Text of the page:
Consumer health informatics arose with the advent of the internet. As usage increased, more and more health care information became available online, prompting average citizens to begin investigating sites like WebMD.com and HealthCentral.com. These sites have become understandably popular: a person concerned about their health will want the fastest and easiest way to learn about a certain condition or treatment options.

Before these sites, patients had little option outside the advice of their doctors. Information might only otherwise be available through the library or centers for medical knowledge like training hospitals. This limited the accessibility.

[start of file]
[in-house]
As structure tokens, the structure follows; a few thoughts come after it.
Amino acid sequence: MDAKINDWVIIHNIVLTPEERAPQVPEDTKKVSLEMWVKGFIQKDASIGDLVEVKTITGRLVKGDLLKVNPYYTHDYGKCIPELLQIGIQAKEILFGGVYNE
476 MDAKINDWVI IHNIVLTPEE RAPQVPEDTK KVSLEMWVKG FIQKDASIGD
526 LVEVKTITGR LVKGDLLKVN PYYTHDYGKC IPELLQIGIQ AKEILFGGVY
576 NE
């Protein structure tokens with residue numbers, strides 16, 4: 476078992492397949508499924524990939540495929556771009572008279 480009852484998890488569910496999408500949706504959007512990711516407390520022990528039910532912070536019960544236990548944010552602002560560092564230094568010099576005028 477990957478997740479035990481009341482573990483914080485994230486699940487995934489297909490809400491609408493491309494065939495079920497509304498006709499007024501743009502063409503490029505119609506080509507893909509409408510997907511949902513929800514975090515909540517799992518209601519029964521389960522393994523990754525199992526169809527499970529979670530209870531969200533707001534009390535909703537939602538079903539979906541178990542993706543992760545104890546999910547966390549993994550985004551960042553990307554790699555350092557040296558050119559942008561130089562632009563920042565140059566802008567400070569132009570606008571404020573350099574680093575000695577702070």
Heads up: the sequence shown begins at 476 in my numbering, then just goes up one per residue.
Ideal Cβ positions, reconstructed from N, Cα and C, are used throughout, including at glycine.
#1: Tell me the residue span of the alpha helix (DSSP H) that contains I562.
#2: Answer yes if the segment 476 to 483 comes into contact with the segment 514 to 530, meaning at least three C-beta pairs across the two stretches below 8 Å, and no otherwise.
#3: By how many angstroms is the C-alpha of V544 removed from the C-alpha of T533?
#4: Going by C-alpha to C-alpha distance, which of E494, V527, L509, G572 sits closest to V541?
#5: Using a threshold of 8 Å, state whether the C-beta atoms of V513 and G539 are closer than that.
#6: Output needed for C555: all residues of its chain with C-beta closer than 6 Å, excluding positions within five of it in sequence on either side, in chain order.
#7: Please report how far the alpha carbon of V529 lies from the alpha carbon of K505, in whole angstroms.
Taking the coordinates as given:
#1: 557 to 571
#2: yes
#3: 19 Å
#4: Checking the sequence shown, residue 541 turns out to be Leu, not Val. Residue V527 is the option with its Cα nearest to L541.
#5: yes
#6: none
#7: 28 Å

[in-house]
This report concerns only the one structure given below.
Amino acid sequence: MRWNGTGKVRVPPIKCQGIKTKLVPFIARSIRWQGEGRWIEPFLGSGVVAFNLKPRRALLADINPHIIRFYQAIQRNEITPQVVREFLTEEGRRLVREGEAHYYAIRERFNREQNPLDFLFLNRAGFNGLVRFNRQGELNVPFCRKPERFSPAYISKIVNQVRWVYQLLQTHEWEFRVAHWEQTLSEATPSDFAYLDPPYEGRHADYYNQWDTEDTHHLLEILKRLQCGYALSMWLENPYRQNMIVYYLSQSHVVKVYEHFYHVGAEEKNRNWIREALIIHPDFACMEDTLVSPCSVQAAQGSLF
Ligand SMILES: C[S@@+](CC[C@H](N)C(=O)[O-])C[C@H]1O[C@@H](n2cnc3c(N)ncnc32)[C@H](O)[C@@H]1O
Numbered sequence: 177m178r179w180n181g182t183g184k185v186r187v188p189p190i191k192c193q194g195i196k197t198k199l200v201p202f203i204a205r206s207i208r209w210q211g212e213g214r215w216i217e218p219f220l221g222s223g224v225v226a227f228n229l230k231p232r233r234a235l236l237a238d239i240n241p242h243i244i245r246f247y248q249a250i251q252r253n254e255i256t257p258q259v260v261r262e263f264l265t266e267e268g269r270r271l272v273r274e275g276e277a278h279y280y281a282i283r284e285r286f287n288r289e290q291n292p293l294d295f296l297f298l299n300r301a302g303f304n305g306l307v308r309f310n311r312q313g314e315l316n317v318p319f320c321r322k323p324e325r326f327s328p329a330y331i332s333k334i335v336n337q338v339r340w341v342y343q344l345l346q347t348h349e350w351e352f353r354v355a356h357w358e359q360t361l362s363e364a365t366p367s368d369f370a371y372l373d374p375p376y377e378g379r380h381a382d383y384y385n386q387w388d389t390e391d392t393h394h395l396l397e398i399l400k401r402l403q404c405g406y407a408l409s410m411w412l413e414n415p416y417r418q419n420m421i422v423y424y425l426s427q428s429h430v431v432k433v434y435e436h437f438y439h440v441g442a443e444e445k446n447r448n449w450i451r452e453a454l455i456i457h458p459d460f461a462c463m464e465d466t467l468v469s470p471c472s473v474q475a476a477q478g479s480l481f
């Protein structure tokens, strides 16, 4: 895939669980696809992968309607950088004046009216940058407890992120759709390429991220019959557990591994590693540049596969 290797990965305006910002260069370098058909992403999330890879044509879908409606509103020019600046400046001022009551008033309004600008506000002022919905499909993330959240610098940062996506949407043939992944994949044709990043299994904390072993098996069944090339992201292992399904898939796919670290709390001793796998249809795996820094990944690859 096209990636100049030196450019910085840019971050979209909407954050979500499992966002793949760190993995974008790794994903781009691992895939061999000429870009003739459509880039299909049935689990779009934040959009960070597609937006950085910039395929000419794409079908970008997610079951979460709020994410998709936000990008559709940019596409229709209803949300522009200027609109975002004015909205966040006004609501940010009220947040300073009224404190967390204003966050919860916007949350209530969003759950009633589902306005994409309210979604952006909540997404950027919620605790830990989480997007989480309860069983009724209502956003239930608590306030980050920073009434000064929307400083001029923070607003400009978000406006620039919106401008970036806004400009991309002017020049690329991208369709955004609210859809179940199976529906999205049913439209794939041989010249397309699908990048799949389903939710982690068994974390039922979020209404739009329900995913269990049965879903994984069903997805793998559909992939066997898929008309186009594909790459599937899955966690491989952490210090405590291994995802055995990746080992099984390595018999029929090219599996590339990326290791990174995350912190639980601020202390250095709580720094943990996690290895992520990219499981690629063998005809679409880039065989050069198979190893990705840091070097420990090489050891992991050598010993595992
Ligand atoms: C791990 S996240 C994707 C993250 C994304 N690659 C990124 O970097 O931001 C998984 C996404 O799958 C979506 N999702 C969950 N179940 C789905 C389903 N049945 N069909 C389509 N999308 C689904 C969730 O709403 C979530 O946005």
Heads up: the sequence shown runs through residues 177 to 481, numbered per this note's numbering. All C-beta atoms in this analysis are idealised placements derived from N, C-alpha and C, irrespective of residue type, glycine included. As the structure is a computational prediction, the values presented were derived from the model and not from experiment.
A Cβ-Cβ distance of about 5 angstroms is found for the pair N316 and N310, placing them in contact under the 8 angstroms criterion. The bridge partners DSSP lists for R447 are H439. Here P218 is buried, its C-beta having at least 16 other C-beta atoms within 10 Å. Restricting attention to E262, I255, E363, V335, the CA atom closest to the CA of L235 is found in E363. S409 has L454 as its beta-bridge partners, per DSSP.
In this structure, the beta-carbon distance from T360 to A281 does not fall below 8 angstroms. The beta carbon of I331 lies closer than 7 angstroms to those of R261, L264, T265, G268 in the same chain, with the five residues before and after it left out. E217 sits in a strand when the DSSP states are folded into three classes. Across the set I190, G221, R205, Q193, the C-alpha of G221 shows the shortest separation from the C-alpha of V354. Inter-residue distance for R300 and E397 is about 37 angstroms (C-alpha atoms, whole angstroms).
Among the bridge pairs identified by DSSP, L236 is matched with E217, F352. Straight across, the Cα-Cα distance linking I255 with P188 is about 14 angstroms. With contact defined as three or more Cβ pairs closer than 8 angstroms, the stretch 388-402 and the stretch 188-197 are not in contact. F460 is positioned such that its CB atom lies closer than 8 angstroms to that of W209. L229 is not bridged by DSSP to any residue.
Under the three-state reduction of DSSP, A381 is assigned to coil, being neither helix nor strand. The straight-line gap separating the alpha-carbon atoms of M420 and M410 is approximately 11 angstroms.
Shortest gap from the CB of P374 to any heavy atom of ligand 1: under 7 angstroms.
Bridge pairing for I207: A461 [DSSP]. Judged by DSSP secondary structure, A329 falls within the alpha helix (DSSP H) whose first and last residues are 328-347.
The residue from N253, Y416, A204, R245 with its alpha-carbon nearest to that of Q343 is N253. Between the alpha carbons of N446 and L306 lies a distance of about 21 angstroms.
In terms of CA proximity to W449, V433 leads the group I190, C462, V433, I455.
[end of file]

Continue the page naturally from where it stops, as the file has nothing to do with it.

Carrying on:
The challenge Zhang has is to make these consumer health sites more user friendly. In one of his studies, Zhang looks at the transaction logs from a website called HealthLink to determine the exact query terms that users string together in order to create better vocabularies. For instance, does a user actually type out “myocardial infarction,” or do they use the more common term “heart attack?” Similiarly, Zhang explores how entered terms might be related such as “obesity” and “heart disease.”

The results have been intriguing. Zhang and his fellow investigators at SOIS have found a 30% overlap in language. He wonders how much barrier language can really be for people unfamiliar with medical vocabulary.

Zhang is also exploring the browsing behavior of users on consumer health sites. Using a year’s worth of data, his research is tracking whether users prefer browsing using a tree browser or a traditional subject directory.